PARENTS HEROES AS WELL
Done properly, parenting is a heroic act, says the fabulous, googly-eyed designer Edna Mode (writer-director Brad Bird) in Incredibles 2.
She’s sympathising with the Sisyphean task Mr Incredible (Craig T. Nelson) has had to shoulder after his wife Elastigirl (Holly Hunter) is called away on business.
Compared to the prospect of looking after his three children for a few days, saving the world seems like a piece of cake.
The reluctant, chisel-jawed house husband might reasonably argue extenuating circumstances – eagle-eyed observers have noted that the newspaper Mr Incredible was reading in the original film was dated May 16, 1962.
But like its 2004 forebear, this hotly anticipated sequel unfolds in a parallel universe.
When The Underminer (John Ratzenberger) lures the family out of hiding – superheroes have been outlawed for more than a decade — Winston Deavor (Bob Odenkirk) seizes his moment.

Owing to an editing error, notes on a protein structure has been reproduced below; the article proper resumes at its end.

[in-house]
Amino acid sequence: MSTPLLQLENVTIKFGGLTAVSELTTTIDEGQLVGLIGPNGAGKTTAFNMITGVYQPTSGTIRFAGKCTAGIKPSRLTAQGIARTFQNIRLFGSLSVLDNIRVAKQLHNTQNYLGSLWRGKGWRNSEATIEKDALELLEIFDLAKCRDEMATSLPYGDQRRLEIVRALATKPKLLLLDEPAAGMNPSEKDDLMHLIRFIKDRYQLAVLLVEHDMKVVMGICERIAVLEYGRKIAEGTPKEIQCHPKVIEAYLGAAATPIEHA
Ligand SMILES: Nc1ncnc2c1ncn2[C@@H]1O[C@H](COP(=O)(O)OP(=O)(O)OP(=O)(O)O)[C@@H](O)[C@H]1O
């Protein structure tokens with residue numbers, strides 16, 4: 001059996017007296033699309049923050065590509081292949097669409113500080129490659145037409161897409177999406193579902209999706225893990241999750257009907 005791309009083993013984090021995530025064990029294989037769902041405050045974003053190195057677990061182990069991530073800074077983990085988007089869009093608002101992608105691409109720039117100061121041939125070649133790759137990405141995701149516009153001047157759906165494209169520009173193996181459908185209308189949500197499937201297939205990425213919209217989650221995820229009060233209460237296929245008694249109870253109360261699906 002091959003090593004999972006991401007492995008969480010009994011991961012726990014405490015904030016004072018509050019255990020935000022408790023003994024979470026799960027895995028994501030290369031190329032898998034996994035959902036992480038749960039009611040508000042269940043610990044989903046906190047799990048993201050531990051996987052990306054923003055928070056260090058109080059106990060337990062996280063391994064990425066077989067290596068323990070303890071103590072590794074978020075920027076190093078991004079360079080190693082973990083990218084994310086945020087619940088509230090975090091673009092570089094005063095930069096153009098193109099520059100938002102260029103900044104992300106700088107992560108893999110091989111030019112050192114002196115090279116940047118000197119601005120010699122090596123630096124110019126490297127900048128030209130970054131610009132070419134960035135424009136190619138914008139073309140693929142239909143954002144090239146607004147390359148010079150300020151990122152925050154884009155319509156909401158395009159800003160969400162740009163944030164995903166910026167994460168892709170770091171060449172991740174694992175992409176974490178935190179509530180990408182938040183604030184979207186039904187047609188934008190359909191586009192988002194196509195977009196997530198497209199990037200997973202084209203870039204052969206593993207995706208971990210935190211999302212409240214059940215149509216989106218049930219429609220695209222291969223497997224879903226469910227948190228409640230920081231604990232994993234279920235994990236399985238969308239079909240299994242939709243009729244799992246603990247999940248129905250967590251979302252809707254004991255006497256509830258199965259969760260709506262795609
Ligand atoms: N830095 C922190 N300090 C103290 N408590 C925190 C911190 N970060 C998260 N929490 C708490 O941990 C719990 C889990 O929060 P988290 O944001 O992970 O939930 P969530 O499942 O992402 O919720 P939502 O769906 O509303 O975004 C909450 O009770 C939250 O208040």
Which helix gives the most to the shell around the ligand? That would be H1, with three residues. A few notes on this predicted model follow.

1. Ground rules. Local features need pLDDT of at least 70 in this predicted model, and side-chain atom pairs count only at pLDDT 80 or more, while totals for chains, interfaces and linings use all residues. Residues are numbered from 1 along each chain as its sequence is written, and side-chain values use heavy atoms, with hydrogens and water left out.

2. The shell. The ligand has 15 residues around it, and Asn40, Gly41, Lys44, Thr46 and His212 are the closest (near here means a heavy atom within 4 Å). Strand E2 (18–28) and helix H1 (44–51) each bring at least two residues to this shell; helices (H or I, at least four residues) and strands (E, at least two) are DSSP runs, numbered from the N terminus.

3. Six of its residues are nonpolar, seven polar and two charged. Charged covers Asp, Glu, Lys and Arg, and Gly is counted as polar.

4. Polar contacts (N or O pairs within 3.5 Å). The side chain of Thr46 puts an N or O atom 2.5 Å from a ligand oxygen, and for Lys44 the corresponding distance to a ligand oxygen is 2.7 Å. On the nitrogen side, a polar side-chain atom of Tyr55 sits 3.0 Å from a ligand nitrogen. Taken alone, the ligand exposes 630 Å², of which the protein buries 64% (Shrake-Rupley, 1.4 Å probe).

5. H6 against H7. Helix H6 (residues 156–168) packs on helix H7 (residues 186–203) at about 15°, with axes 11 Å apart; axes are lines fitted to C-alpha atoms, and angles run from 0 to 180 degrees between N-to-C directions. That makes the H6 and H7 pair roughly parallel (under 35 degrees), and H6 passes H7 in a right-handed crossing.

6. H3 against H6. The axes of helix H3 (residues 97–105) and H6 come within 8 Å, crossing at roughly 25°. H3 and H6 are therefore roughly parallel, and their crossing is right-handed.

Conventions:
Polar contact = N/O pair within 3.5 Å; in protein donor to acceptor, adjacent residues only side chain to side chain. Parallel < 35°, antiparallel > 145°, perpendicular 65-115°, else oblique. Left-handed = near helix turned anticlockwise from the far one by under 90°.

The smooth-talking head of a giant telecommunications company persuades Elastigirl to be his poster girl. Deavor has crunched the numbers, and Elastigirl is a good deal more cost-effective than Mr Incredible, who tends to rack up a much higher damages bill.
So while Elastigirl is off halting runaway trains and vanquishing hypnotic, hi-tech villains such as Screenslaver, Mr Incredible struggles with basic maths and his teenage daughter Violet’s boy dramas.
All of which would have been routinely diverting were it not for a scene-stealing performance from baby JackJack, whose anarchic, newlydiscovered superpowers offer an appealing, fantasy twist on an infant’s ability to turn a household upside down.
Incredibles 2 is a solid enough sequel, but it doesn’t have the original film’s light, playful touch. Incredibles 2 is in cinemas nationwide now
Elastigirl is back in action in Incredibles 2.